The school envisions imparting education and creating global leaders out of students from all walks of life, including slow learners and the physically challenged.
It has 18 diverse clubs for students and a dedicated annual budget for teacher training programmes, facilitating regular skill building.
Along with participating in ongoing exchange programmes with schools in the UK and Germany, Ahlcon students excel in sports such basketball and swimming.
The school also provides facilities for shooting, yoga, judo and squash.
"Parents today are looking at holistic development, not merely academic excellence," said principal Ashok K Pandey.
"Our infrastructure, curriculum and teacher training programmes are aimed at imparting life skills along with academic excellence."
Mantra of active learning
What began with a mere 36 children, a single teacher and with bare minimum infrastructure, has grown to include more than 1,500 students, an extremely dedicated staff and state-of-the-art infrastructure.
A huge playground and chirpy children welcome you as you enter the school. The introduction of a sports programme in accordance with the UK sports academy just goes to show the focus on sports — Salwan Public's USP.
"The country needs to focus more on sports. Today, children are into tuition, television and other such things…they need to get on the ground," said principal Kiran Mehta. To make the children aware of the growing problems of the environment, the school has a special magazine on sustainability and environment.
Vibrant cultural exchange programme is the hallmark of Salwan Public School that also sends its teachers and students on foreign trips. The school has an ISO 9001:2000 certification, has educational partnerships with eminent global institutions such as the British Council, Cambridge University, UK and Reggio Emilia Institute, Italy, which provide students a unique global platform.
Students are constantly encouraged to try their hand at activities as diverse aero modelling and documentary filmmaking.
The school has smart classrooms that include projectors and audio-visuals modules. Teachers too undergo continuous training and attend regular workshops to hone their skills. Salwan regularly organises leadership camps, which offer activities such as close quarter combat, tent pitching and night trekking at high altitudes.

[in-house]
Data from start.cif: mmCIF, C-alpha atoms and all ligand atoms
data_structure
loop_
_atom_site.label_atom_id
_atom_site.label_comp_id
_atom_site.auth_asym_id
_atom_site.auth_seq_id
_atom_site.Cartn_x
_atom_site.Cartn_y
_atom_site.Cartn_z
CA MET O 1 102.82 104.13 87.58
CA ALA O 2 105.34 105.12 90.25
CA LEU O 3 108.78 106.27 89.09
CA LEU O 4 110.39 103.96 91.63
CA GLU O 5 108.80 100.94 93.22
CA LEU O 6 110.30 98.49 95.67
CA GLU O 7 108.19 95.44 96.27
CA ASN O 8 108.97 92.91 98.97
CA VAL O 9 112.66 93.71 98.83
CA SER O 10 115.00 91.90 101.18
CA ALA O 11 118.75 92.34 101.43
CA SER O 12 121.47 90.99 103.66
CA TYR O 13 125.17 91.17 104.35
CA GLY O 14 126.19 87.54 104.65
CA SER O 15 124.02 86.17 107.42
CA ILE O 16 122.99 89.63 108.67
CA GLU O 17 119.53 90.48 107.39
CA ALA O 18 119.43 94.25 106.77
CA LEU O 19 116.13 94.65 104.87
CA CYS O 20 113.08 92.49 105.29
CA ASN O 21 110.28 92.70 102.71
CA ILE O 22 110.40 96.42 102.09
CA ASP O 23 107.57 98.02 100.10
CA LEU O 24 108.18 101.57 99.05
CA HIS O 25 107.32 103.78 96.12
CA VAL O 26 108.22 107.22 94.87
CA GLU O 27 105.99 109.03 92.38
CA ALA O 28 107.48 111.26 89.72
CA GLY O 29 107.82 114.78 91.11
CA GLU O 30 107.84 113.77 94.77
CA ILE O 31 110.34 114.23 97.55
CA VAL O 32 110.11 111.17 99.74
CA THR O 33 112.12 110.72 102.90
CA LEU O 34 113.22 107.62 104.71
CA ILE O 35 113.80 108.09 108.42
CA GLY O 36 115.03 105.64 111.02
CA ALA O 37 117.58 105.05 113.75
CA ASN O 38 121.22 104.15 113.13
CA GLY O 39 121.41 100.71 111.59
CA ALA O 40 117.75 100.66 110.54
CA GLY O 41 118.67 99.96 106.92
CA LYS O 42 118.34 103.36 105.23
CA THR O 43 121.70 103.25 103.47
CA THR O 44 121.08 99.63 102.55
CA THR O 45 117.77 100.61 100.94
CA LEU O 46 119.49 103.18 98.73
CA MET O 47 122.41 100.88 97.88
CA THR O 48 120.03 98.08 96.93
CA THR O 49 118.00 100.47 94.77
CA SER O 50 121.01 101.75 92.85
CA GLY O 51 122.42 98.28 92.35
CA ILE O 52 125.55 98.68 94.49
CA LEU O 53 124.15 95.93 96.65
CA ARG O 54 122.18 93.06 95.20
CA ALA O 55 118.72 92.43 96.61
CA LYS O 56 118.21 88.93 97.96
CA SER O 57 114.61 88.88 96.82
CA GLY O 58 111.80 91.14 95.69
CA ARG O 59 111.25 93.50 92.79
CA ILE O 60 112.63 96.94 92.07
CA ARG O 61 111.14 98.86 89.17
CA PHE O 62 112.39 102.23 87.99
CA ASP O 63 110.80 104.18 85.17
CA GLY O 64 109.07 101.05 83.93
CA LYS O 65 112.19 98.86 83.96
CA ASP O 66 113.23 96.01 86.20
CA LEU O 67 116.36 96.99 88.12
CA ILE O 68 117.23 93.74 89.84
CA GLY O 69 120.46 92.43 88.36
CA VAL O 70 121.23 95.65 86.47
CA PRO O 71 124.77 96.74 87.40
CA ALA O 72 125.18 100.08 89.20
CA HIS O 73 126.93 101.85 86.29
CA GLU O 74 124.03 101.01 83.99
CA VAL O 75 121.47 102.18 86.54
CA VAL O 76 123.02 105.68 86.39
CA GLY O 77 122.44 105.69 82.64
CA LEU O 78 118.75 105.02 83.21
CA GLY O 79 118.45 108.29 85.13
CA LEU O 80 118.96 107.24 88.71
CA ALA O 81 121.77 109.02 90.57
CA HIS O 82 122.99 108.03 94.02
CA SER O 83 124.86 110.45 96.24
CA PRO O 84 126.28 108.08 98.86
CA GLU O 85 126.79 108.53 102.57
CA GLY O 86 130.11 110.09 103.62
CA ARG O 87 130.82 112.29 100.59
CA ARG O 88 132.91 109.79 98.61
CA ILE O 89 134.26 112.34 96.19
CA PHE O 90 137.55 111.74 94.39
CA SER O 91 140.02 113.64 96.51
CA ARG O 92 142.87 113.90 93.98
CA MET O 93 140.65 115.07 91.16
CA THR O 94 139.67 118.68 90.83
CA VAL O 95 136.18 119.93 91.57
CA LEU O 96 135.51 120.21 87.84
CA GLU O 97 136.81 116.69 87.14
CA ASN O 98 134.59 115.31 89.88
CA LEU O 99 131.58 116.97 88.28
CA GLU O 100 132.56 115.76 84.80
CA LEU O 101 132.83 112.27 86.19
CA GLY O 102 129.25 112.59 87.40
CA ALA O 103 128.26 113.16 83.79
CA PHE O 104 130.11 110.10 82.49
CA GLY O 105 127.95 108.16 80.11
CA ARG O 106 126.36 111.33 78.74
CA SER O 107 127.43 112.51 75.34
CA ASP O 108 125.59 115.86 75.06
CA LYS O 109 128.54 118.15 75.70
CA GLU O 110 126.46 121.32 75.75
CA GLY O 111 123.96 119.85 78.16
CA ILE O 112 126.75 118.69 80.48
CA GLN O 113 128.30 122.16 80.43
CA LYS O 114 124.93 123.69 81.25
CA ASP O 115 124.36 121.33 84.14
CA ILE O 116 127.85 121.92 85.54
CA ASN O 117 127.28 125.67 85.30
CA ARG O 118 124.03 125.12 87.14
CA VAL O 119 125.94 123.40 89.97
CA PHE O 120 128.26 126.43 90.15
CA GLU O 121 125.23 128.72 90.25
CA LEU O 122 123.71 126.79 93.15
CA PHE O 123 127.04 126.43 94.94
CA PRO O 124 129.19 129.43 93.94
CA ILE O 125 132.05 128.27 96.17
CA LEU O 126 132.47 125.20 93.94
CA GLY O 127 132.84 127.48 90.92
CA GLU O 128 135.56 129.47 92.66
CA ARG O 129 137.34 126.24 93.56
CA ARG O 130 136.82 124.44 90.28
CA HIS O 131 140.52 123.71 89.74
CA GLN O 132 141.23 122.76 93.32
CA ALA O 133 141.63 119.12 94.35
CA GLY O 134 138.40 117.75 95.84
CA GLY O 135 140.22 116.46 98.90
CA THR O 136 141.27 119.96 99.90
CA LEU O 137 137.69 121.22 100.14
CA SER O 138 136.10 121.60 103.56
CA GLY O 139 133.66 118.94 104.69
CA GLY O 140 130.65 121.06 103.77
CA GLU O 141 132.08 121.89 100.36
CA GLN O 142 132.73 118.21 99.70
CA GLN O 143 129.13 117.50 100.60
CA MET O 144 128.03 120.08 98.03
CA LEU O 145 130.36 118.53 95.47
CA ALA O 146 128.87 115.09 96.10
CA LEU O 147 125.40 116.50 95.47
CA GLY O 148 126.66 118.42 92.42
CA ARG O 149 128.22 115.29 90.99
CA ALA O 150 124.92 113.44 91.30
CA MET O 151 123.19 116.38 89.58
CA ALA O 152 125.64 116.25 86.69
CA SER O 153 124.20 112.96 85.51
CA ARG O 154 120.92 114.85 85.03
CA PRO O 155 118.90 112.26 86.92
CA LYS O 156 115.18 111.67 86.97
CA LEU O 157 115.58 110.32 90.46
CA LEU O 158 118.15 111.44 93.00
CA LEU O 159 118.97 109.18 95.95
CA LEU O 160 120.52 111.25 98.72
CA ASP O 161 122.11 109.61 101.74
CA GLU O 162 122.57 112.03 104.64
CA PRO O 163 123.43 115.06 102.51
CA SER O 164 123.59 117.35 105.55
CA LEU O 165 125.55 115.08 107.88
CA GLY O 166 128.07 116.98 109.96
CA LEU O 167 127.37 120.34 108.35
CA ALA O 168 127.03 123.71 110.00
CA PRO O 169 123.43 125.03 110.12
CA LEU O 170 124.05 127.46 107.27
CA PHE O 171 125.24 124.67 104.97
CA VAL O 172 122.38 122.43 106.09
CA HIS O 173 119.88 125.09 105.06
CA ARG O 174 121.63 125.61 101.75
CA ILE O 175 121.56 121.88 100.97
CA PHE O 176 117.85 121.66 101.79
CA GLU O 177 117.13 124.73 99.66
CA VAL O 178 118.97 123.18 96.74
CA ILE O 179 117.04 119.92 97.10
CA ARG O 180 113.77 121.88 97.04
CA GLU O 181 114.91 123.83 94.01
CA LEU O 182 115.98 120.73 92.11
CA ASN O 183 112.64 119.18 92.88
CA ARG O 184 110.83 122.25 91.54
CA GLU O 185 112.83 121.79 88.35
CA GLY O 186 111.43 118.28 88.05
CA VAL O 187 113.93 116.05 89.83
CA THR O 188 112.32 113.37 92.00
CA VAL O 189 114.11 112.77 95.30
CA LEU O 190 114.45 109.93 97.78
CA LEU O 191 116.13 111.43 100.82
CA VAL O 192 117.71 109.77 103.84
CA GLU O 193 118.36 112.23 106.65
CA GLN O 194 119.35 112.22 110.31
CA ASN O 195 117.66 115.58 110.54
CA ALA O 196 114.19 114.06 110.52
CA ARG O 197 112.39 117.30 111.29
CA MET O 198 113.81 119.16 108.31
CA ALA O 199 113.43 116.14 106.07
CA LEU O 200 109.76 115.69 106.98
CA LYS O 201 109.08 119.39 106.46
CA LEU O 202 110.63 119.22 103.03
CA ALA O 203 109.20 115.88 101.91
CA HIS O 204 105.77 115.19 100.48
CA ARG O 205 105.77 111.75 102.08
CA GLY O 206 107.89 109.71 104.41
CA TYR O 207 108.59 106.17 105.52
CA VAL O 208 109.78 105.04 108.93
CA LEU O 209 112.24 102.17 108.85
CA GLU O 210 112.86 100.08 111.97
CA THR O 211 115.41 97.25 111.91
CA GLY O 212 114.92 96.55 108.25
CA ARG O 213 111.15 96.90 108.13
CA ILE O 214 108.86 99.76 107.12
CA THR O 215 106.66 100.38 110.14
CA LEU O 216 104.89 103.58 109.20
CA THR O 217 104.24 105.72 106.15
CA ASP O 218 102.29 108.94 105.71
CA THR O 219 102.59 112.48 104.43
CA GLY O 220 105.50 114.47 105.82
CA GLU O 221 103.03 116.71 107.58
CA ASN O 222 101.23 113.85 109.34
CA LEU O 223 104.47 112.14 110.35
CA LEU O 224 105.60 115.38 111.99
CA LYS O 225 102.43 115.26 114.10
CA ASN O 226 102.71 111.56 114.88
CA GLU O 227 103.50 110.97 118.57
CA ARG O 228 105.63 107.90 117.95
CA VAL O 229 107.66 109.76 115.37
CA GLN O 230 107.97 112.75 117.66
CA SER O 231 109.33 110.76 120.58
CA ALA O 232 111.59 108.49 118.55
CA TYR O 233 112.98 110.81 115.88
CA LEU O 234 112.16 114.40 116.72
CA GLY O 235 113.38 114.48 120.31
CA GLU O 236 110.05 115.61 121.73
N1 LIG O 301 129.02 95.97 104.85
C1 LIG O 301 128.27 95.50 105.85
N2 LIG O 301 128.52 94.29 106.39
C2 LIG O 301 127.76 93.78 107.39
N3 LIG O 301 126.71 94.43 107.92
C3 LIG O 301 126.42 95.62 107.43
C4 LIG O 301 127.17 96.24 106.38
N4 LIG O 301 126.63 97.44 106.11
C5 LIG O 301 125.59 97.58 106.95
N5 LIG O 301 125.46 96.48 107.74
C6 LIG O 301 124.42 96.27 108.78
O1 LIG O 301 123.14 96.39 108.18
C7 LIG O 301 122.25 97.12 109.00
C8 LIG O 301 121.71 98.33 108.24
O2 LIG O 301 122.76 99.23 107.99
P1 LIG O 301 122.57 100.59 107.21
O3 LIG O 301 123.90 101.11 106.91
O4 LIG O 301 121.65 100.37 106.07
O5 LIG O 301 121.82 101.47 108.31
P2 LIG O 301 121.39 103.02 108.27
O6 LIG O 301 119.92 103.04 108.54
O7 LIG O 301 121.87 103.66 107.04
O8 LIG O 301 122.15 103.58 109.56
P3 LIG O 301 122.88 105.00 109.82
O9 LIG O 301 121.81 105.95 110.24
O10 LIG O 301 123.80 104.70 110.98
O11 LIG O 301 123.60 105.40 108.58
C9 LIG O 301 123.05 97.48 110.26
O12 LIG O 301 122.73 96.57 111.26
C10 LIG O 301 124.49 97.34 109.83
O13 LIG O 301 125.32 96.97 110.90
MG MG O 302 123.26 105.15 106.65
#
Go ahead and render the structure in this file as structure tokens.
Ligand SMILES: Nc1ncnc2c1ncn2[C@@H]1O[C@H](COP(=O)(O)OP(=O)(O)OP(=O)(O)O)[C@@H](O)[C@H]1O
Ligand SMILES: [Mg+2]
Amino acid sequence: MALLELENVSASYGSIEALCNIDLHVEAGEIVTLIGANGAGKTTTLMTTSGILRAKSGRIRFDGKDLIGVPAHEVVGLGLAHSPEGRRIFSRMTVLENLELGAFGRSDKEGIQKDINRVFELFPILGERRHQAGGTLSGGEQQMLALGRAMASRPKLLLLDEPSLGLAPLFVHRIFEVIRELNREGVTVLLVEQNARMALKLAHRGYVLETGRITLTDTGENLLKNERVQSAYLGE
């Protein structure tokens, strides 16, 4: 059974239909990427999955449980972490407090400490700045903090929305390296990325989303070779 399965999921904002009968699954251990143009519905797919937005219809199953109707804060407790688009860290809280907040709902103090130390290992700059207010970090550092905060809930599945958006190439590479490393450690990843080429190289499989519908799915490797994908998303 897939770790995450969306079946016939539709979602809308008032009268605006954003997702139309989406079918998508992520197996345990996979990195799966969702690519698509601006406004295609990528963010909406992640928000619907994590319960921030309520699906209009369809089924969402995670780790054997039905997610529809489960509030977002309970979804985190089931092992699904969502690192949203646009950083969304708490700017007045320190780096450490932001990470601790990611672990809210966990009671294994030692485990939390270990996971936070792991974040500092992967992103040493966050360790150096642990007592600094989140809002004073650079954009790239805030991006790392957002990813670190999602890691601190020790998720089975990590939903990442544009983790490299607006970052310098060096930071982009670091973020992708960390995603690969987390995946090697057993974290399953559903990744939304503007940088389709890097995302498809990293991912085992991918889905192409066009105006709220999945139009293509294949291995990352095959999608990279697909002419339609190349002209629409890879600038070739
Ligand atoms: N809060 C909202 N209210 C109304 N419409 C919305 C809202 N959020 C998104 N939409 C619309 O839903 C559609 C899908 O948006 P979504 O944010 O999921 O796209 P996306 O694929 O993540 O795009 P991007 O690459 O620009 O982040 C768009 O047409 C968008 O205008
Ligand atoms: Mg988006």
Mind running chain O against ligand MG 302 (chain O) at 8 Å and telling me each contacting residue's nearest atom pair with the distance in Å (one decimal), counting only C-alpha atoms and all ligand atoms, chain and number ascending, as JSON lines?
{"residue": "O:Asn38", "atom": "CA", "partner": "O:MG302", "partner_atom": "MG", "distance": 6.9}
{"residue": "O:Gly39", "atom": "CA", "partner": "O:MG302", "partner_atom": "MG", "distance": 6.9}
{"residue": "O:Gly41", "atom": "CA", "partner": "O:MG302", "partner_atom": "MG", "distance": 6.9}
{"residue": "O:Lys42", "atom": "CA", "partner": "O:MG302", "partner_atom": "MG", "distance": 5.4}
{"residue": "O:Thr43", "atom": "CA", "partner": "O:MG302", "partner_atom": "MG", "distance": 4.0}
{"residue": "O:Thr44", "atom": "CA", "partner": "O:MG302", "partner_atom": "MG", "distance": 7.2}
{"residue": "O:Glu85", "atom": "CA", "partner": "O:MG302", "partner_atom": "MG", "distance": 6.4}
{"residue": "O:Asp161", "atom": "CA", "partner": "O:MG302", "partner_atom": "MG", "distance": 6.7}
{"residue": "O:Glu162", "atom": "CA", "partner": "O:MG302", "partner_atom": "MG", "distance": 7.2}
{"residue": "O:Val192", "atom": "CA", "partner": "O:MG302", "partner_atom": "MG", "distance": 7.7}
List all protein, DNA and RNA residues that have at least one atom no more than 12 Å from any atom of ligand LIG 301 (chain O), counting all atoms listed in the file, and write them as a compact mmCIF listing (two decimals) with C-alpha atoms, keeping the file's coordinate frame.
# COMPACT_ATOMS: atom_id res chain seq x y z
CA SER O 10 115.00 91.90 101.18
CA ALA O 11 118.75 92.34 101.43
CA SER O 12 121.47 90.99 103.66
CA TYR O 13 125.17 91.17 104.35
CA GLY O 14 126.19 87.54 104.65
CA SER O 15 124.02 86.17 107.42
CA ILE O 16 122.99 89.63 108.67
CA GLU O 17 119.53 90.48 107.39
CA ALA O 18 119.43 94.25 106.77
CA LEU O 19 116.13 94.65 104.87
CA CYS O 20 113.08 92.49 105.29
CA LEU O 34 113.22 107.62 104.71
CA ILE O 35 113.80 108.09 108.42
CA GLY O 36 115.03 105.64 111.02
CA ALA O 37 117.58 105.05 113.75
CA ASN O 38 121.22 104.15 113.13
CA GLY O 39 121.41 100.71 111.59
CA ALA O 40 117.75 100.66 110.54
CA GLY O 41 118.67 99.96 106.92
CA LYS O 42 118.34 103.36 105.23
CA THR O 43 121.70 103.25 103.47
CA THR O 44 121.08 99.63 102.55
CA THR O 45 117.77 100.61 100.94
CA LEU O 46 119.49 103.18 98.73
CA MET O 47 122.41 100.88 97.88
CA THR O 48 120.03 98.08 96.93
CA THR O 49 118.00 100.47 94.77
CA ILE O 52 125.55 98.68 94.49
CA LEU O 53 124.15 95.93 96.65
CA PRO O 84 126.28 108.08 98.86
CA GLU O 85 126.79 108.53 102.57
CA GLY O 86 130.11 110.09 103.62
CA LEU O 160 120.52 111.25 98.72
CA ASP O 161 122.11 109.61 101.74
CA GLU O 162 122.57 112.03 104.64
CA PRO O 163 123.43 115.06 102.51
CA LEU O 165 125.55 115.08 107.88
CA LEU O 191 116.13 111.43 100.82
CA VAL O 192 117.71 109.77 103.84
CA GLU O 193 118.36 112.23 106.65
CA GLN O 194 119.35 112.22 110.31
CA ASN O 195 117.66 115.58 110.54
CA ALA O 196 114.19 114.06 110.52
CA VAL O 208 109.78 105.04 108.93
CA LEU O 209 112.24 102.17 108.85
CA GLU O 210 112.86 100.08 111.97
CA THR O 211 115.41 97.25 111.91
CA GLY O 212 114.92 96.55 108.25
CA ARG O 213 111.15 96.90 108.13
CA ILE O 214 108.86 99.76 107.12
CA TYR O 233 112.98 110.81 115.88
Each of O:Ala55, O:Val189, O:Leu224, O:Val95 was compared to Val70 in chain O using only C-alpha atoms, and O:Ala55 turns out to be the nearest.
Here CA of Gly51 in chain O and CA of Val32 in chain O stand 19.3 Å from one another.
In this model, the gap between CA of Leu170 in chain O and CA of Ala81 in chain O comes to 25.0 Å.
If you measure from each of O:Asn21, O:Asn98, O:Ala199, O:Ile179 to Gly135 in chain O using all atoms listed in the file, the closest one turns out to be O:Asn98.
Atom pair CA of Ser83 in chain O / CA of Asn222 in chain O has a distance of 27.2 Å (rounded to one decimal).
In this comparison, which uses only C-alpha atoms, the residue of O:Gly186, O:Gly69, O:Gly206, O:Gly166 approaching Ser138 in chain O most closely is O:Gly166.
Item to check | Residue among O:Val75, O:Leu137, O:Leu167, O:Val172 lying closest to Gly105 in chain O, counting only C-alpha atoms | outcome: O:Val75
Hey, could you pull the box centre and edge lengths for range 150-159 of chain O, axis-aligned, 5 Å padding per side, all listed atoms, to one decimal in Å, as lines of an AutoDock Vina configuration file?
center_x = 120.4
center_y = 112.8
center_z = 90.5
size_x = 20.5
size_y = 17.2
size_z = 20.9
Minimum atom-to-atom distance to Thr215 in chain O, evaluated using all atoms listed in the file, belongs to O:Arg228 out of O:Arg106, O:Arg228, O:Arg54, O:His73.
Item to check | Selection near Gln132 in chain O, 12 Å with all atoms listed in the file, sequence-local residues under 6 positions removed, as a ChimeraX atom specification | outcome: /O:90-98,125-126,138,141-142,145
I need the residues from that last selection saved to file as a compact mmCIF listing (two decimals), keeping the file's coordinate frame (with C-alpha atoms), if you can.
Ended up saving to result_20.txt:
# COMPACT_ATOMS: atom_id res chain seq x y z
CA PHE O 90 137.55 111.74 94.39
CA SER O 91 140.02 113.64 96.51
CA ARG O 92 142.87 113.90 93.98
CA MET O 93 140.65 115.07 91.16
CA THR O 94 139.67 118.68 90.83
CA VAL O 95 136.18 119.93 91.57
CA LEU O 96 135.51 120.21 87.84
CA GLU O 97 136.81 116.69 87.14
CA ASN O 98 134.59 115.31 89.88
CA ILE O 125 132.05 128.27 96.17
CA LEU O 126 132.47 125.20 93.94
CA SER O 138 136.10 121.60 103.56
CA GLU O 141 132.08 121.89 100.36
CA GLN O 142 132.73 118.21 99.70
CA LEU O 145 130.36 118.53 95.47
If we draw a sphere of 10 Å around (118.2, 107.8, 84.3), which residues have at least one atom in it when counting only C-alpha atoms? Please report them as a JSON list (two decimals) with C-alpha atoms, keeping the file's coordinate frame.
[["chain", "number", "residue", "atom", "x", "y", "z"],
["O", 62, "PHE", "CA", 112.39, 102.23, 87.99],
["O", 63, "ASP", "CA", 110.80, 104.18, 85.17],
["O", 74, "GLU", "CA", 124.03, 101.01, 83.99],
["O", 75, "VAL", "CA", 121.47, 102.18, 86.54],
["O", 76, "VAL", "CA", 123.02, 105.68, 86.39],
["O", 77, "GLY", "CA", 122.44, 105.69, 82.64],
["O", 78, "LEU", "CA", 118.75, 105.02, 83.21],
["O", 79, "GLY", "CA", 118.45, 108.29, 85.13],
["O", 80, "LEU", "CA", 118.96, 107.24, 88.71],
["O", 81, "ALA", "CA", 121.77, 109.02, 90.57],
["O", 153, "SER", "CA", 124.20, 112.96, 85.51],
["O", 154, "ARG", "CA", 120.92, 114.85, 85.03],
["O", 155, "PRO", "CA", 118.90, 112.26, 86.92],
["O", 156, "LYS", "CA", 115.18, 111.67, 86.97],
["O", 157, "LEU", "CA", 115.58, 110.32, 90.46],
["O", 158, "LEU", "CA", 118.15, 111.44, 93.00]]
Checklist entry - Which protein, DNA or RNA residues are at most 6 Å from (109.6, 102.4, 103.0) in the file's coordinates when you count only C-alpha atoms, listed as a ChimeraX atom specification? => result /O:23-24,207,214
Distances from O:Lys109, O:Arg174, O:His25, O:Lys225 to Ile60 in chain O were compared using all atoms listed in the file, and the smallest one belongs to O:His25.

Training for success
Ahlcon Public School puts a lot of stress on co-curricular activities. With its girls' football team recently winning the CBSE football nationals, the school's decision to invest in coaching academies for football and cricket — not to mention getting an international coach for football and setting up two playgrounds — has yielded fruit.
The school was established in September 1988 by the Shanti Devi Progressive Education Society and is spread over three acres, has 11 laboratories and six IT-enabled learning rooms, two multipurpose auditoriums and several clubs.
The school has a number of activity groups such as the eco club, the disaster club and the heritage club that enable the students to make the children understand and become aware about their environment.
"We also lay stress on education for the underprivileged and offer scholarships to the needy," said Pramod Bhatnagar, the school's manager. There is a parallel school that offers free education to children from the deprived section. The initiative, called the priority wing, brings the students on a par with the regular students and merges them with the mainstream classes.
Another interesting aspect about Ahlcon is the annual Silico Battles, an endeavour to guide students in making their mark as budding IT professionals. The event today is one of the most sought after in Delhi and NCR region, with more than 45 schools having participated the last time it was help.
Over the years, Ahlcon has become one of the most sought after schools in this region, ably competing with the more developed localities of the national capital such as south and central in every field.